Patient was initially managed with supportive therapy including nothing by mouth (NPO), intravenous (IV) fluid infusion and analgesia. No antibiotics were given during the last hospital admission. Patient refused to start therapy with steroids due to concerns about adverse effects. She was started on montelukast 10 mg once a day by mouth and discharged home to follow as an outpatient. Abdominal pain, vomiting and diarrhea resolved over 1 week of treatment.

Clinic follow-up was made 5 months and 12 month post hospitalization. The patient reported no further symptoms and reported adherence to montelukast therapy without any adverse effects. Complete blood count (CBC) was repeated with findings of normal eosinophils [absolute eosinophil count of 170 eosinophils/µL].


This is a case of a 49-year-old woman who suffered from multiple gastrointestinal symptoms including nausea, vomiting, abdominal pain and diarrhea, which are commonly encountered in the healthcare setting. She presented to the emergency department few times and was hospitalized without identifying the underlying diagnosis, and had no relief of her symptoms. We were involved in the care of this patient on the second hospital admission, and based on the constellation of symptoms, laboratory results and CT scan findings we came to an initial differential diagnosis of infectious gastroenteritis or parasitic infection. Acute pancreatitis with ileus was a concern due to markedly elevated lipase, however, the absence of typical pancreatitis-related epigastric pain and the normal appearance of pancreas on two CT scans ruled out pancreatitis as a cause for her symptoms. Stool microbiology studies excluded viral, bacterial or parasitic infections. Patient did not respond to standard therapies including antibiotics (at the initial hospital admission), bowel rest with NPO, analgesia and IV fluids administration.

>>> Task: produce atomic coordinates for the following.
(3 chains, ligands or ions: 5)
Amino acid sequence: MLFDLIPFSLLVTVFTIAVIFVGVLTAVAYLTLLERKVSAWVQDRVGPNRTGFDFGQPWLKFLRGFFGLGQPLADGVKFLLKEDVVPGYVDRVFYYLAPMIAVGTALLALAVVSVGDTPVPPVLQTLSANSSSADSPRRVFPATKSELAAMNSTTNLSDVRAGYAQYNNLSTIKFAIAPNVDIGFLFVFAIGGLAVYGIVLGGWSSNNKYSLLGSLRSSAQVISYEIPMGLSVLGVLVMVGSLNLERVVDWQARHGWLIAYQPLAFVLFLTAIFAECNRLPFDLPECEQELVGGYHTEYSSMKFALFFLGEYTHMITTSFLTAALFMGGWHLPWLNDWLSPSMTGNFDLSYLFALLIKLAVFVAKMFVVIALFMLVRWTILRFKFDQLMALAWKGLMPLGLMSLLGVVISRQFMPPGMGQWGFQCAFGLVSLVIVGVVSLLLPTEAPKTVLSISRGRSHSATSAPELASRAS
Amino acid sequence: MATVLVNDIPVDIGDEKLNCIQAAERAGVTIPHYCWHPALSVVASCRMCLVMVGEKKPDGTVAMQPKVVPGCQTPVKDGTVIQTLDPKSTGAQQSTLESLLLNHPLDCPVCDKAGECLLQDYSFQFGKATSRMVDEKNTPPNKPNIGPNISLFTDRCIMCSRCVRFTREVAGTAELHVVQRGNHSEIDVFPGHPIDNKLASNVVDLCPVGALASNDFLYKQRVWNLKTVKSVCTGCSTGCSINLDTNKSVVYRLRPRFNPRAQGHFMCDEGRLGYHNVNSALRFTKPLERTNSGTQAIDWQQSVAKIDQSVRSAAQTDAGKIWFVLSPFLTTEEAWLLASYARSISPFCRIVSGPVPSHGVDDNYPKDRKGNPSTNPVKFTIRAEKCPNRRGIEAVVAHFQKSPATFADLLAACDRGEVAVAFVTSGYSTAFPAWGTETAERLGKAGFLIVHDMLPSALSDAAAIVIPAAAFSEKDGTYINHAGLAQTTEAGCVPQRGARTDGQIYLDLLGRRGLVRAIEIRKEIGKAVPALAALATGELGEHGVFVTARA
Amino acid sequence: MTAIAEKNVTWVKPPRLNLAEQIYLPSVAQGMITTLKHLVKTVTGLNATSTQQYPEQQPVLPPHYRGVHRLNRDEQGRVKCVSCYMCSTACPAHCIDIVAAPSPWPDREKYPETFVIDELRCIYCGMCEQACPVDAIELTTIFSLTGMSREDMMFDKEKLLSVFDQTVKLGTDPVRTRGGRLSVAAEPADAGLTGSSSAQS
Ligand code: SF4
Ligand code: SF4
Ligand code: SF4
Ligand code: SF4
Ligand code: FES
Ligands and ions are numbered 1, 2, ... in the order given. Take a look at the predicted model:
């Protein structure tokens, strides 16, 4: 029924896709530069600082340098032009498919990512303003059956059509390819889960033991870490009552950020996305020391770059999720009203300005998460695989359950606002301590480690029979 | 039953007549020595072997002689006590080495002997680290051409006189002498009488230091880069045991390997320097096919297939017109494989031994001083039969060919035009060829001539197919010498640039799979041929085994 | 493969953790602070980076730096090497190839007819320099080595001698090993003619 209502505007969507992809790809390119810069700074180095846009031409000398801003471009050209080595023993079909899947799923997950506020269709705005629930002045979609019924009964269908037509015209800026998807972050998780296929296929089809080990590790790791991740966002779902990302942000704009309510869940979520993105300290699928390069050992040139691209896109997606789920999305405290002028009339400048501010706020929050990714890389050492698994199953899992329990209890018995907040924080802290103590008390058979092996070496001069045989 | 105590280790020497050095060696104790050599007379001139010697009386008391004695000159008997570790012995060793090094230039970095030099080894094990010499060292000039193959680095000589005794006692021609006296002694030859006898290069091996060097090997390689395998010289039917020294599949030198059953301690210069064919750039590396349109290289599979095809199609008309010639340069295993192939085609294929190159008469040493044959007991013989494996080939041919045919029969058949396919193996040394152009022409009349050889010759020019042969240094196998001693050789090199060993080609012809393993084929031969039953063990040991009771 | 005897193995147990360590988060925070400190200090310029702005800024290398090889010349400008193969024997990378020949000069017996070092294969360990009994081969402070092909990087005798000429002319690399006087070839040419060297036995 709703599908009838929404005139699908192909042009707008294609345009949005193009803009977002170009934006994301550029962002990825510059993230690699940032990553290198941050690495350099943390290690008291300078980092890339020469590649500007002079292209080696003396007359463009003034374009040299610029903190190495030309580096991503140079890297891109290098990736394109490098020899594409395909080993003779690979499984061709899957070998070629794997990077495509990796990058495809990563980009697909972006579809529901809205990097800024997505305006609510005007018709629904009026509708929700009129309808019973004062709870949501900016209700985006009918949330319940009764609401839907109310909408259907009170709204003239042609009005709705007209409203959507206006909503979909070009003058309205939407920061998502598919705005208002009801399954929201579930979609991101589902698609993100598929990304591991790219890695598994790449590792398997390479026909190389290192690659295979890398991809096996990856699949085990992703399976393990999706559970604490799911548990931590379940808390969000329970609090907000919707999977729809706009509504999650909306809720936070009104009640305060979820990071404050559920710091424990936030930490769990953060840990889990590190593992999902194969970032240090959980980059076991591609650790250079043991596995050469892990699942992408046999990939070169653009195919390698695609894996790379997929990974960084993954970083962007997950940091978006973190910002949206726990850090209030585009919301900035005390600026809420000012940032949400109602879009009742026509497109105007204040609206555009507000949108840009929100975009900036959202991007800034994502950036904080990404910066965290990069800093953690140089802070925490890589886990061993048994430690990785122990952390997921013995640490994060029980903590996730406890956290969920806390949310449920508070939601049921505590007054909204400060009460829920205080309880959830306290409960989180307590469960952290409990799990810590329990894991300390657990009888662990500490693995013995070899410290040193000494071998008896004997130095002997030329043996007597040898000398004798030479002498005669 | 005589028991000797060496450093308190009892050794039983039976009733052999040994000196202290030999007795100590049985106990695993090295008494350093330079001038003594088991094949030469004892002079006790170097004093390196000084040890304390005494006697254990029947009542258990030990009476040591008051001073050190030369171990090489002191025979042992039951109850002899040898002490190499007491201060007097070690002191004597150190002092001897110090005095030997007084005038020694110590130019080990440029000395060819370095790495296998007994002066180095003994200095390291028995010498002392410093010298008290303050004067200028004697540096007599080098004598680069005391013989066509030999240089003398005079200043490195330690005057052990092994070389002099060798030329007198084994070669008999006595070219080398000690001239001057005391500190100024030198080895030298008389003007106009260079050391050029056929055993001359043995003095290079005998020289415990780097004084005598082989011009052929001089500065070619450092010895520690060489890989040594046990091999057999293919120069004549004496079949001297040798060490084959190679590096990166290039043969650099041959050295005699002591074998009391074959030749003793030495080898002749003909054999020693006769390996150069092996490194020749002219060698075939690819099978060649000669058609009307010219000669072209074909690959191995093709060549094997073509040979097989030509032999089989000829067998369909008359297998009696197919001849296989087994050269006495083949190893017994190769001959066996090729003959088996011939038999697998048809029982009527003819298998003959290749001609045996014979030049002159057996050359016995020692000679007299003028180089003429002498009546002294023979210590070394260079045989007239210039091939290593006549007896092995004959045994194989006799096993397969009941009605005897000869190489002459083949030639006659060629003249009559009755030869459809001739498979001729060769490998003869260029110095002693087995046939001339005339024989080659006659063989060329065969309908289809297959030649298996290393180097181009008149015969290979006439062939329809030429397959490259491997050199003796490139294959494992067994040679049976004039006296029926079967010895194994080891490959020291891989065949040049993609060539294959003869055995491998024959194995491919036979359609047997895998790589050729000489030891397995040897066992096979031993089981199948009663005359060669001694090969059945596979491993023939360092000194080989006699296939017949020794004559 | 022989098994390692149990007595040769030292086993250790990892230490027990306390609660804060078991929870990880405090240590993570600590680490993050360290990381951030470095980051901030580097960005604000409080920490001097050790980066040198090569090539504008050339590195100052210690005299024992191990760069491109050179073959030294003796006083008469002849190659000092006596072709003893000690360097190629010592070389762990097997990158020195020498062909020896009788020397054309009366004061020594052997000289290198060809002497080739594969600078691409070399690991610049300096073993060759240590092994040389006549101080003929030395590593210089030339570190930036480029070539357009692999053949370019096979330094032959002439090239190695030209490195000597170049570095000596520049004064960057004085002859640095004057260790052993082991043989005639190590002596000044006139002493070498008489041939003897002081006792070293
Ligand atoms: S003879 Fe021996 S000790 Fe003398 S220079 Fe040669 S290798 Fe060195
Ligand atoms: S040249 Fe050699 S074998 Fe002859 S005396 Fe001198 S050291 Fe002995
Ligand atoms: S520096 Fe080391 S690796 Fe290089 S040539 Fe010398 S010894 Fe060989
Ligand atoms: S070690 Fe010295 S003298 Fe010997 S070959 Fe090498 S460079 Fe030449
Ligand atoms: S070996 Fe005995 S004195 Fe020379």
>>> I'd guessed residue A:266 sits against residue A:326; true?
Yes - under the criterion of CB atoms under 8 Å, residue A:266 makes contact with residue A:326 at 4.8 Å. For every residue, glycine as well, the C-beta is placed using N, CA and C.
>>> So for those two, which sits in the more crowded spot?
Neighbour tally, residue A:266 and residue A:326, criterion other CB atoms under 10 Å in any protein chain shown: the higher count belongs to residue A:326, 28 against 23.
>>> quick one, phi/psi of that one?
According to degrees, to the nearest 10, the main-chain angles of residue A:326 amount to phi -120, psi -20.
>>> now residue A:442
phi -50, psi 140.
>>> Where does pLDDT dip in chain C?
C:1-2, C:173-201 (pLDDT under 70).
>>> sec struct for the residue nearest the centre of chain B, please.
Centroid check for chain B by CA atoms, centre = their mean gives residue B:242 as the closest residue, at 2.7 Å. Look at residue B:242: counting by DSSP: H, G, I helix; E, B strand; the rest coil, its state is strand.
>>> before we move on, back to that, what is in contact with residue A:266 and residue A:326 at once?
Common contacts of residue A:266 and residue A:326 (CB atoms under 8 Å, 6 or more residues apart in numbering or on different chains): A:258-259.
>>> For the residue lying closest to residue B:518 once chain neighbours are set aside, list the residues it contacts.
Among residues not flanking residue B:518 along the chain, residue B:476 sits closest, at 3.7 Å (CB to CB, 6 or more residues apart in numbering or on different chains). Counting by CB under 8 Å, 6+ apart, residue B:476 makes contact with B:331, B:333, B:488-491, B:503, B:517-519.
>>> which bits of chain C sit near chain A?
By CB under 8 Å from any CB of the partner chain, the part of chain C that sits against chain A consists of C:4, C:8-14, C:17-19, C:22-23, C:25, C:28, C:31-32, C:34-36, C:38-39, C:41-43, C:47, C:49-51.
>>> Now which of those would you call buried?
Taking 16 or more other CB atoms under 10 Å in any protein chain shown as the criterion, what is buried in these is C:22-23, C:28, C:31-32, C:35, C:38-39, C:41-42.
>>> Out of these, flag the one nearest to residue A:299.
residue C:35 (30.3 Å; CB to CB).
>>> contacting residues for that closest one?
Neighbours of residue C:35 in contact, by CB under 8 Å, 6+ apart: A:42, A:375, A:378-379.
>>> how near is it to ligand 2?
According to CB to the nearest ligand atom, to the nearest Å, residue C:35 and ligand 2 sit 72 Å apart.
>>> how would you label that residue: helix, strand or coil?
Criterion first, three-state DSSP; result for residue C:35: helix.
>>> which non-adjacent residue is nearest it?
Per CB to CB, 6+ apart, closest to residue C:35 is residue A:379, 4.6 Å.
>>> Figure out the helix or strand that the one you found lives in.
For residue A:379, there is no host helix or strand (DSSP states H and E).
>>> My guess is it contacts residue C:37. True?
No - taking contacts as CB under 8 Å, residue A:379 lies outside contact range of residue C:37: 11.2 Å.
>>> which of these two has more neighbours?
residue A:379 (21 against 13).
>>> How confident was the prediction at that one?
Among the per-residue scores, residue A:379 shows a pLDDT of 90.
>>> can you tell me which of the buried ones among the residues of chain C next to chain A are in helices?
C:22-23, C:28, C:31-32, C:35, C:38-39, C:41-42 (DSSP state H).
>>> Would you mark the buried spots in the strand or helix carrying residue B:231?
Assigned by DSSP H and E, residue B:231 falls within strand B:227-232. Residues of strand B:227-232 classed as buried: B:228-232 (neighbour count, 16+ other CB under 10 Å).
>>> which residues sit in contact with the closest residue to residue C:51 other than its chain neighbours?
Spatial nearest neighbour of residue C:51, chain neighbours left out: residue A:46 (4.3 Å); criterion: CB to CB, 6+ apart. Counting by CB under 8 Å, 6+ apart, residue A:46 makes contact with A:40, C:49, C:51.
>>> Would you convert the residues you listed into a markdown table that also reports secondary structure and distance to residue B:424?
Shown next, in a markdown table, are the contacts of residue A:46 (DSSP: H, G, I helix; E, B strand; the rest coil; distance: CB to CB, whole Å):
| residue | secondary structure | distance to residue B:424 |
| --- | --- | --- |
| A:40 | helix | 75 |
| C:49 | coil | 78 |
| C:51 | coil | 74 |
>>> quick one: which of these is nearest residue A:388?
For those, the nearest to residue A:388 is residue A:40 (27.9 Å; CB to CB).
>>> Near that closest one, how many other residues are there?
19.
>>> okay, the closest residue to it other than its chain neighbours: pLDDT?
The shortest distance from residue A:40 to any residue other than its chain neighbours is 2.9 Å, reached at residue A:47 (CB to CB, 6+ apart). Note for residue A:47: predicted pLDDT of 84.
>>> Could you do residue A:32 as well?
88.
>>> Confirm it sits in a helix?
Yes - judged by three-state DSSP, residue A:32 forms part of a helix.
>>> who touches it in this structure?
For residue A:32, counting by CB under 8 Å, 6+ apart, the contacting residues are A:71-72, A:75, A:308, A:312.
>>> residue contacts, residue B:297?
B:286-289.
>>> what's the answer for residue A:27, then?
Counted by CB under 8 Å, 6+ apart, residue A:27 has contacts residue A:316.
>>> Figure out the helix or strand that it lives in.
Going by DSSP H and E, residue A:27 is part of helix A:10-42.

Given that the patient had persistent unexplained peripheral eosinophilia, bowel wall thickening on CT scan and negative workup for common disorders, along with the non-resolving nature of symptoms despite standard treatment, a diagnosis of eosinophilic gastrointestinal disorder was presumed. Upper endoscopy with biopsies confirmed the diagnosis of EGE (mucosal type), based on histopathologic findings of abundant eosinophils in the gastric, duodenal and jejunal mucosa. Montelukast (MK) was then started based on patient’s preferences and concerns about corticosteroids adverse effects. She responded well and became asymptomatic over 1 week of therapy, and peripheral eosinophil count has normalized. Patient remained in remission during follow-up 12 months later.

EGE is a rare disease, therefore evidence for treatment is based on limited case reports and clinicians' experience [8]. MK is a safe medicine and has a low side effect profile compared to systemic steroids [9]. MK is a selective and competitive leukotriene receptor inhibitor. Cysteinyl leukotrienes have potent chemoattractant properties for eosinophils. Together with interleukin 3 and 5, cysteinyl leukotrienes play a major role in the recruitment of eosinophils into the affected tissue leading to tissue damage [10].

Literature review